First came the Massachusetts Miracle and a Republican won Ted Kennedy’s old seat. Now the Woodmoor Improvement Association has dethroned its controversial president George McFadden, electing an opposition slate of candidates.
In a landslide.
Woodmoor resident Carolyn Streit-Carey, a political novice who helped orchestrate the coup, calls the election victory “one of the high points of my life.”
The upheaval at the WIA is an example of what can happen when folks angry about their homeowners association board unite and decide to take control.
It can happen anywhere if it can happen at Woodmoor, one of the largest HOAs in Colorado with 3,000 homeowners in the woods east of Monument.
But the election was easy compared to what comes next . . . trying to unify a sharply divided community.
True, the slate of Nick Oakley, Paul Lambert and Jim Hale won a decisive victory over the McFadden-endorsed group of Bill Brendemuhl, Gary Marner and George Labesky. The victors averaged 650 or so votes each to just 420 or so each for the losers.
So it was far from unanimous. Clearly, McFadden had support for his overhaul of the WIA, for the community parties he organized, the new rules he imposed and his handling of the professional staff that manages the neighborhood.
So, how will the new president, Chuck Maher, govern?
“We are going to give people an opportunity to say what’s on their mind,” Maher said. “We are going to survey the community. Find out what their needs are. Let them air their grievances. And then we are going to operate in the open.”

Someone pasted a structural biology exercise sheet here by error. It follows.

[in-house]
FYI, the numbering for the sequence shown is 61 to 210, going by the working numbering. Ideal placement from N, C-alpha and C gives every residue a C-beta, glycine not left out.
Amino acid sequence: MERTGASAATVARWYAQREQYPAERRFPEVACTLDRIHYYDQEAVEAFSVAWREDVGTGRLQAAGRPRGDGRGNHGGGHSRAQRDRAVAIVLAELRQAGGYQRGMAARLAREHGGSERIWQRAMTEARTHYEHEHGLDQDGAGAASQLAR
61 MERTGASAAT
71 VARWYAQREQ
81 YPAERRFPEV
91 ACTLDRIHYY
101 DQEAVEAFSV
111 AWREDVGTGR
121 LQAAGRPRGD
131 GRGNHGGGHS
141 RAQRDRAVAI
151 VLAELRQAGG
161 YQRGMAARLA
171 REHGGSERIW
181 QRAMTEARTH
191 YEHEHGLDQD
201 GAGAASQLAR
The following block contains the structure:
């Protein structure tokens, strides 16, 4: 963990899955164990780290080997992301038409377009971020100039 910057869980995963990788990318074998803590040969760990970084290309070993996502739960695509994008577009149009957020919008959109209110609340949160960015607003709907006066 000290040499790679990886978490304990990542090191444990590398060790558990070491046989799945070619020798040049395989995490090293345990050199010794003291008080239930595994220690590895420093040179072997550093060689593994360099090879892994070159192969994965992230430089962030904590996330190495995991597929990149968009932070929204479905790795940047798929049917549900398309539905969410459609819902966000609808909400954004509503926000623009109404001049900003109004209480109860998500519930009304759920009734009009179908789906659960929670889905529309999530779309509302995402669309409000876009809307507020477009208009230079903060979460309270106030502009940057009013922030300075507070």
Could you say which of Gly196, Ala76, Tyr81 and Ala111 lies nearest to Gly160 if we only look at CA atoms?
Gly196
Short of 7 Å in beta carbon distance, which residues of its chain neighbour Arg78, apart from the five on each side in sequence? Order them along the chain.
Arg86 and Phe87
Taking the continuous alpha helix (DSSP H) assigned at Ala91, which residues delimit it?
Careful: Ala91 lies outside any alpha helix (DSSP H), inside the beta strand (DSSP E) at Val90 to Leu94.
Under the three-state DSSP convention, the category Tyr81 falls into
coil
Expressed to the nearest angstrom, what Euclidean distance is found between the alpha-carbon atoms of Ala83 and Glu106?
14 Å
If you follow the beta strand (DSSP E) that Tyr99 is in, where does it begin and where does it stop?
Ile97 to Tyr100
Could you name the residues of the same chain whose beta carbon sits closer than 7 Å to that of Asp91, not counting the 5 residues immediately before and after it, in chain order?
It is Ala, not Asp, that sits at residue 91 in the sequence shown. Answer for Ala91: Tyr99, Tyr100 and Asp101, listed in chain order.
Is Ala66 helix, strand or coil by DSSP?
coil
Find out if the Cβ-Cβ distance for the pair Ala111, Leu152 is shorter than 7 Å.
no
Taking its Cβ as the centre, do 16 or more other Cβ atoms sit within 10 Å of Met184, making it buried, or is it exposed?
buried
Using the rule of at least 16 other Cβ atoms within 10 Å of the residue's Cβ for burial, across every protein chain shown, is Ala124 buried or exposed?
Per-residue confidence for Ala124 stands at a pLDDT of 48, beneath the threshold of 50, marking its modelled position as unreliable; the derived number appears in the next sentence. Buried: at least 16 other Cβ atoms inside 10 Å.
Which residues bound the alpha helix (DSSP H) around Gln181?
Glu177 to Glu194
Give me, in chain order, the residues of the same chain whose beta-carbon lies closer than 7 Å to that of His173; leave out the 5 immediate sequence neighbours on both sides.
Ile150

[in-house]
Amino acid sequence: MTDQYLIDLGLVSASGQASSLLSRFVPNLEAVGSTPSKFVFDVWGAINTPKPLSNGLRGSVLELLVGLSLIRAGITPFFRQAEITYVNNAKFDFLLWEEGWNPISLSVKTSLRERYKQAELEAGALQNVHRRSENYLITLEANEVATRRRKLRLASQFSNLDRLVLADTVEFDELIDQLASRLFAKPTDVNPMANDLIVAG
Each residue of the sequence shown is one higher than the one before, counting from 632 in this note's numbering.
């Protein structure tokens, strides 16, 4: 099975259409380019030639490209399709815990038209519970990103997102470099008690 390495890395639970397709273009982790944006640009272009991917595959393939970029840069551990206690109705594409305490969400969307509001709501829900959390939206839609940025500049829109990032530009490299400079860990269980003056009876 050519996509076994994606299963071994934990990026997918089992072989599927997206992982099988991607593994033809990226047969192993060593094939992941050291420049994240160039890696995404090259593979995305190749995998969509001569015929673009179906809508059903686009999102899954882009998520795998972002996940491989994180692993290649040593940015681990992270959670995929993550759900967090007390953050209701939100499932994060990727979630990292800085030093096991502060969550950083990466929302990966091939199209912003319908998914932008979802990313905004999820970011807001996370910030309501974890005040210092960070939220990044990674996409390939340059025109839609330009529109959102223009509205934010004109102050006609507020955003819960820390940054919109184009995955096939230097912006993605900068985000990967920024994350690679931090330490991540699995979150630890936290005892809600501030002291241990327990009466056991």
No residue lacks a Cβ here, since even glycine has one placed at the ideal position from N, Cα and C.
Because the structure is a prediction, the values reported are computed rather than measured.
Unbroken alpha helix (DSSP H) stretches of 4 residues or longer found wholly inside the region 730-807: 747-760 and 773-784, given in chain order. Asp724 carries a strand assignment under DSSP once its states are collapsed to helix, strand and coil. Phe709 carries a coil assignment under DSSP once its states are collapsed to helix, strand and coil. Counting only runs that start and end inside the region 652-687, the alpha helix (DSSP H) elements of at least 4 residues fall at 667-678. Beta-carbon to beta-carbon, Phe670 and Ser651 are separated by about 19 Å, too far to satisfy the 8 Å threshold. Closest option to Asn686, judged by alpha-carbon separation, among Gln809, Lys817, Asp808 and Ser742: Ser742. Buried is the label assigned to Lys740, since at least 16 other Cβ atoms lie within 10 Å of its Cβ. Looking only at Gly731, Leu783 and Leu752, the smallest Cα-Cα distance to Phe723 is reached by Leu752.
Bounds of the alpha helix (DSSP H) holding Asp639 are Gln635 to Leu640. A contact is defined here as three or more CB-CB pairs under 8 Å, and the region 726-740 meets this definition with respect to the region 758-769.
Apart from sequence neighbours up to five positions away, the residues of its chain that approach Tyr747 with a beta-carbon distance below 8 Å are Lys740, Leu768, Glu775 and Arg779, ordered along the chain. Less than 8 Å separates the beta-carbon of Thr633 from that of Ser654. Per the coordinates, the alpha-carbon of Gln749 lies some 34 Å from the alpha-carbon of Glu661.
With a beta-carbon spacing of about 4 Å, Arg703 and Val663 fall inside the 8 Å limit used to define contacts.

Critics of McFadden accused him of squelching opposition and hiding board actions. They cite the decision to spend $20,000 to build trails and a parking lot at a neighborhood marsh. It generated a furor among some residents and they felt ignored.
McFadden, who remains on the board with two allies, did not return calls seeking comment.
Maher said accountability and transparency are keys to winning over those who liked McFadden and Co.
“It will be a tough thing to bridge,” Maher said of the rift in Woodmoor. “But we elected some really talented people. We’ll get there.”
Maher said he will continue some McFadden policies.
“There was some nuts and bolts stuff they did well,” he said. “And they made a good attempt to get the community more involved by hosting community parties. The parties weren’t a bad idea, just the amount of money they spent on them.”
And, perhaps most importantly, folks like Streit-Carey promise to stay involved.
“Now the real work starts,” she said. “Our group will remain active. We’re going to stand behind our candidates and support them.”
She wouldn’t dare relax now.
“We have to stay involved,” she said. “Next year, McFadden runs for re-election.”
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